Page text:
“A Philosophy of Sacramentalism”
by H. Maurice Relton. D.D.
FELLOW AND PROFESSOR OF THEOLOGY IN KING’S COLLEGE AND DEAN OF THE FACULTY OF THEOLOGY IN THE UNIVERSITY OF LONDON. VICAR OF ALL SAINTS’, ENNISMORE GARDENS, KNIGHTSBRIDGE.
from the eleventh chapter of his book, CHURCH AND STATE (1936)
Our need is a philosophy of sacramentalism. It will be found that ultimate the same problems confronts us for solution. In Philosophy the question is the relation of Being and Becoming: in Theology the relation of God to the world; in Christology the same Cosmic problem expressed in terms of personality is the relation of the Divine and human natures in the Person of Christ; in the Church and Sacraments, regarded as the Extension of the Incarnation, the same question presents itself in the relation of the spiritual to the material; in Eucharistic doctrine the relation between the sign and the Thing signified; in Psychology the Body-Mind relationship. Solutions of the philosophical problem repeat themselves in the Cosmic problem, in Christology, in Psychology and in Sacramental doctrine. Thus a thorough0going dualism in philosophy is reproduced in the cosmic problem in Deism, where no true relation between God and the world is secured. This repeats itself in Christology in Nestorianism, where no true union between the two natures is achieved, and in Eucharistic doctrine, in Virtualism, which fails to unite the sign to the Thing signified; and in psychology in the theory of psycho-physical parallelism.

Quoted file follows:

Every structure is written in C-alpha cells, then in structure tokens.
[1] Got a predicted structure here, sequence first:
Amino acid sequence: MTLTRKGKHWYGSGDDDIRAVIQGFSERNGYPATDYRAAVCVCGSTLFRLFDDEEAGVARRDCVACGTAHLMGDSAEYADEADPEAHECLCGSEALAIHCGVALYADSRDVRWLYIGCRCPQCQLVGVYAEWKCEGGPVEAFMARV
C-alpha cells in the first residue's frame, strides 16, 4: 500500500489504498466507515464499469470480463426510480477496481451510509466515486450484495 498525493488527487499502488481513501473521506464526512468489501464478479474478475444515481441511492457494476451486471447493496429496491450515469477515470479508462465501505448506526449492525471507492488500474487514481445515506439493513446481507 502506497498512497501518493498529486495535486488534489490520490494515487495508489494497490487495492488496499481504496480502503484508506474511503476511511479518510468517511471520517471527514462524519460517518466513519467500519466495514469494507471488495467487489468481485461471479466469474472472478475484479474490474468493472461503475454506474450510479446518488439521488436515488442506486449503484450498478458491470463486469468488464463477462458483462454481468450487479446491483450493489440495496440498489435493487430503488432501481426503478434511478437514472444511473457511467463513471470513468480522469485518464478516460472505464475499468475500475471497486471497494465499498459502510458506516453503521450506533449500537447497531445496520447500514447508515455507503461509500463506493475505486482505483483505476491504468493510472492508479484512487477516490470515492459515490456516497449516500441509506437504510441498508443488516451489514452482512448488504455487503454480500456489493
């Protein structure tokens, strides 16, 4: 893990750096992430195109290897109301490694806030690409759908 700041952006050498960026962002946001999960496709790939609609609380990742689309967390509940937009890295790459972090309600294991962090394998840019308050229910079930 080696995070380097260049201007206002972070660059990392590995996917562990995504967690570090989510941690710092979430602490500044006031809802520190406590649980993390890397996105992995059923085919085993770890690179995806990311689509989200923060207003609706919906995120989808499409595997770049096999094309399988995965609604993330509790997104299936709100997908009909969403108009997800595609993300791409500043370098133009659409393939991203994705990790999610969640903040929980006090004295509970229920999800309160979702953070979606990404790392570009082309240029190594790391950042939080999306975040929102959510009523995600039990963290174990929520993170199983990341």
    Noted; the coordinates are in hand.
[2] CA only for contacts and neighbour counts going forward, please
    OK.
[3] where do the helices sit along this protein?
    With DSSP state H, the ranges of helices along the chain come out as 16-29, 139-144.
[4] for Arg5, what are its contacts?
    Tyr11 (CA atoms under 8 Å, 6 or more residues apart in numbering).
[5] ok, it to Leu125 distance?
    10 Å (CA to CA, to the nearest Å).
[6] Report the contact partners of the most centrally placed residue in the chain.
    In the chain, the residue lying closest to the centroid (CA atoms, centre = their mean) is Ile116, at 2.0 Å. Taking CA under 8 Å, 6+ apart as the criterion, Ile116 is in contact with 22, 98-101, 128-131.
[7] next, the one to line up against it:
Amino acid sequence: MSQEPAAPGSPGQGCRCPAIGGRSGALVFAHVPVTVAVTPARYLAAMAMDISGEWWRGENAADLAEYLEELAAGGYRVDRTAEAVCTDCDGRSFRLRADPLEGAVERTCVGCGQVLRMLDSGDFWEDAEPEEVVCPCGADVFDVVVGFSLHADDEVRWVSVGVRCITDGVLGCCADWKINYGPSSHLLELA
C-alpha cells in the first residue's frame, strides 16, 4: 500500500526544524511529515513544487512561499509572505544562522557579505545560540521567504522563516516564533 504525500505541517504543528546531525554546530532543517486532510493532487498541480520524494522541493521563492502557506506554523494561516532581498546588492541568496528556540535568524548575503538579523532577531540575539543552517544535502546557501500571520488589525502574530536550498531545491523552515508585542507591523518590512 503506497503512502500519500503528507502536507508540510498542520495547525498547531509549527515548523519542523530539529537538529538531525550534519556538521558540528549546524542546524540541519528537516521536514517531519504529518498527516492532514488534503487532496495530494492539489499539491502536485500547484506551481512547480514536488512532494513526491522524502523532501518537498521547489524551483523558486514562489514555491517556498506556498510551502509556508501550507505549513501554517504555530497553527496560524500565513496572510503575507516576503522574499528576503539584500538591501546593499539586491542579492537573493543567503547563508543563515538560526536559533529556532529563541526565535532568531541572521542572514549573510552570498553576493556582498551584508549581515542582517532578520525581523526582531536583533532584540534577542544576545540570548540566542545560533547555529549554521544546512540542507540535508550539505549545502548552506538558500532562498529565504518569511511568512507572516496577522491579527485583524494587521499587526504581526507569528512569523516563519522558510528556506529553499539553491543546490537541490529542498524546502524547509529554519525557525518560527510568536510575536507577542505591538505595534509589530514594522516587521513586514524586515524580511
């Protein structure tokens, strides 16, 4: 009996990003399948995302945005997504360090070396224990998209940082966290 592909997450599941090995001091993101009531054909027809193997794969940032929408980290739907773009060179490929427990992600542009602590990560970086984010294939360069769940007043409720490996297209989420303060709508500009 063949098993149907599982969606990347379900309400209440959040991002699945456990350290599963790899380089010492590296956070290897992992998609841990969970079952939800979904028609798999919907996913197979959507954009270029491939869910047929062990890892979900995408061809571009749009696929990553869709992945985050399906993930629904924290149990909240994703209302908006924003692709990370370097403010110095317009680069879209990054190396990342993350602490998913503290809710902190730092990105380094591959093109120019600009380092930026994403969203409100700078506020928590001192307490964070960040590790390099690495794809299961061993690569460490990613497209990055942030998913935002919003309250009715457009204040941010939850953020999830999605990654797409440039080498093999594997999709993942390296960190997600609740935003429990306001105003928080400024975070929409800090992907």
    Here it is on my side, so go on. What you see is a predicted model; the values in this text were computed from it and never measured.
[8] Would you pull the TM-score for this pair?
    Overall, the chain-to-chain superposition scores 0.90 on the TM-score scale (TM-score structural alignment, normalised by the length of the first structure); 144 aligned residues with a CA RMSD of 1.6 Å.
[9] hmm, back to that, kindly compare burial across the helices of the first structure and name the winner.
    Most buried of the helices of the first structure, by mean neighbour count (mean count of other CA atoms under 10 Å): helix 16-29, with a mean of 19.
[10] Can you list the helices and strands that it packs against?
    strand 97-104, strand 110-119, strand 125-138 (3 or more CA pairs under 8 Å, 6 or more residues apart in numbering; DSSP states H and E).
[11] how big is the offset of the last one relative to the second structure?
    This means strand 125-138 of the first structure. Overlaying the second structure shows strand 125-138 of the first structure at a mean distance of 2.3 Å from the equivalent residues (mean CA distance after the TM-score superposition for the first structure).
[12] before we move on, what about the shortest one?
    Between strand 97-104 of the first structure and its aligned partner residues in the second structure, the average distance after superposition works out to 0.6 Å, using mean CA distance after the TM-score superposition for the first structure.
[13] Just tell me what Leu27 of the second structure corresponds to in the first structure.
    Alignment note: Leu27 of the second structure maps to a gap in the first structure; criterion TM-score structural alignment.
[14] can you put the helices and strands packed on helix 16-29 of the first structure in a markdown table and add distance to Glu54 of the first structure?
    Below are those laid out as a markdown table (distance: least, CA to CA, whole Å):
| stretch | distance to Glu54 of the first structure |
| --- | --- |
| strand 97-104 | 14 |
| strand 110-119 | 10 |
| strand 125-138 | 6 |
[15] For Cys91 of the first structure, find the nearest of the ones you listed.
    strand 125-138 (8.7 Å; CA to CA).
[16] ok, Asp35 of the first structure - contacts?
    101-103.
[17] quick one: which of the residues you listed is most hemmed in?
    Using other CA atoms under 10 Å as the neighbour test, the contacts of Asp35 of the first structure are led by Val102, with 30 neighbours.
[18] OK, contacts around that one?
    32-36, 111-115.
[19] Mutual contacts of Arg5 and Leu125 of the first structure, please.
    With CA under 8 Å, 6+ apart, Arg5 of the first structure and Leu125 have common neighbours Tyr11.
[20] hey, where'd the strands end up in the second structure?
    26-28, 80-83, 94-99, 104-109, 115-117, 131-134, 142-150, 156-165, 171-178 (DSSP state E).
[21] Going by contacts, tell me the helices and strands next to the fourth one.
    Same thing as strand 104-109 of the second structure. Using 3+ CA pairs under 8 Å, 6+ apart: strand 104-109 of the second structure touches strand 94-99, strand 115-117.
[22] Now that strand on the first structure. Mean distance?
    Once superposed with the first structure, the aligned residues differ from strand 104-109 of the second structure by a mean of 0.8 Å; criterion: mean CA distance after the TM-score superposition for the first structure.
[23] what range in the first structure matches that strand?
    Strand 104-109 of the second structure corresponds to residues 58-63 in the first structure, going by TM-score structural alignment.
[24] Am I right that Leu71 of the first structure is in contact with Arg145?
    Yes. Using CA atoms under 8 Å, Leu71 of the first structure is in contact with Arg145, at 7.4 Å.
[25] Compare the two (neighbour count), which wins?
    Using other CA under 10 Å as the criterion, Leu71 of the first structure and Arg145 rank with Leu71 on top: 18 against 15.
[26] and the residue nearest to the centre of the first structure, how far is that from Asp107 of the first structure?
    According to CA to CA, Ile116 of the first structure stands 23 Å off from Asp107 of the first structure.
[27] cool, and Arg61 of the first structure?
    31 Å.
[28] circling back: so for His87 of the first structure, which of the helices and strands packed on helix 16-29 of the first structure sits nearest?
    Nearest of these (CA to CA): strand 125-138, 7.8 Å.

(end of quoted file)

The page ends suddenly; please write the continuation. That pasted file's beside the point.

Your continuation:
On the other hand, a Monistic theory in philosphy finds its counterpart in Pantheism in theology; in Monophysitism in Christology; in the theory of Consubstantiation in the Eucharist; and in epiphenomenalism, whether spiritual or material, in psychology.
The four chief Christological errors are reproduced in sacramental theories, and it will be found that just as there are four terms of the problem whether in philosophy, theology, Christology, psychology, or sacramentalism, so there are four corresponding solutions, all seeking to do justice to one or other aspect of the problem; all partially true; and all erroneous in over-emphasis or undue neglect of one or other factor in the problem.
Thus, corresponding to Arianism in Christology, we find Zinglianism in sacramental theory; Apollinarianism is reproduced in the doctrine of Transubstantiation; Nestorianism finds expression in the sacramental theory known as Virtualism; Monophysitism is reproduced in the doctrine of Constubstantiation.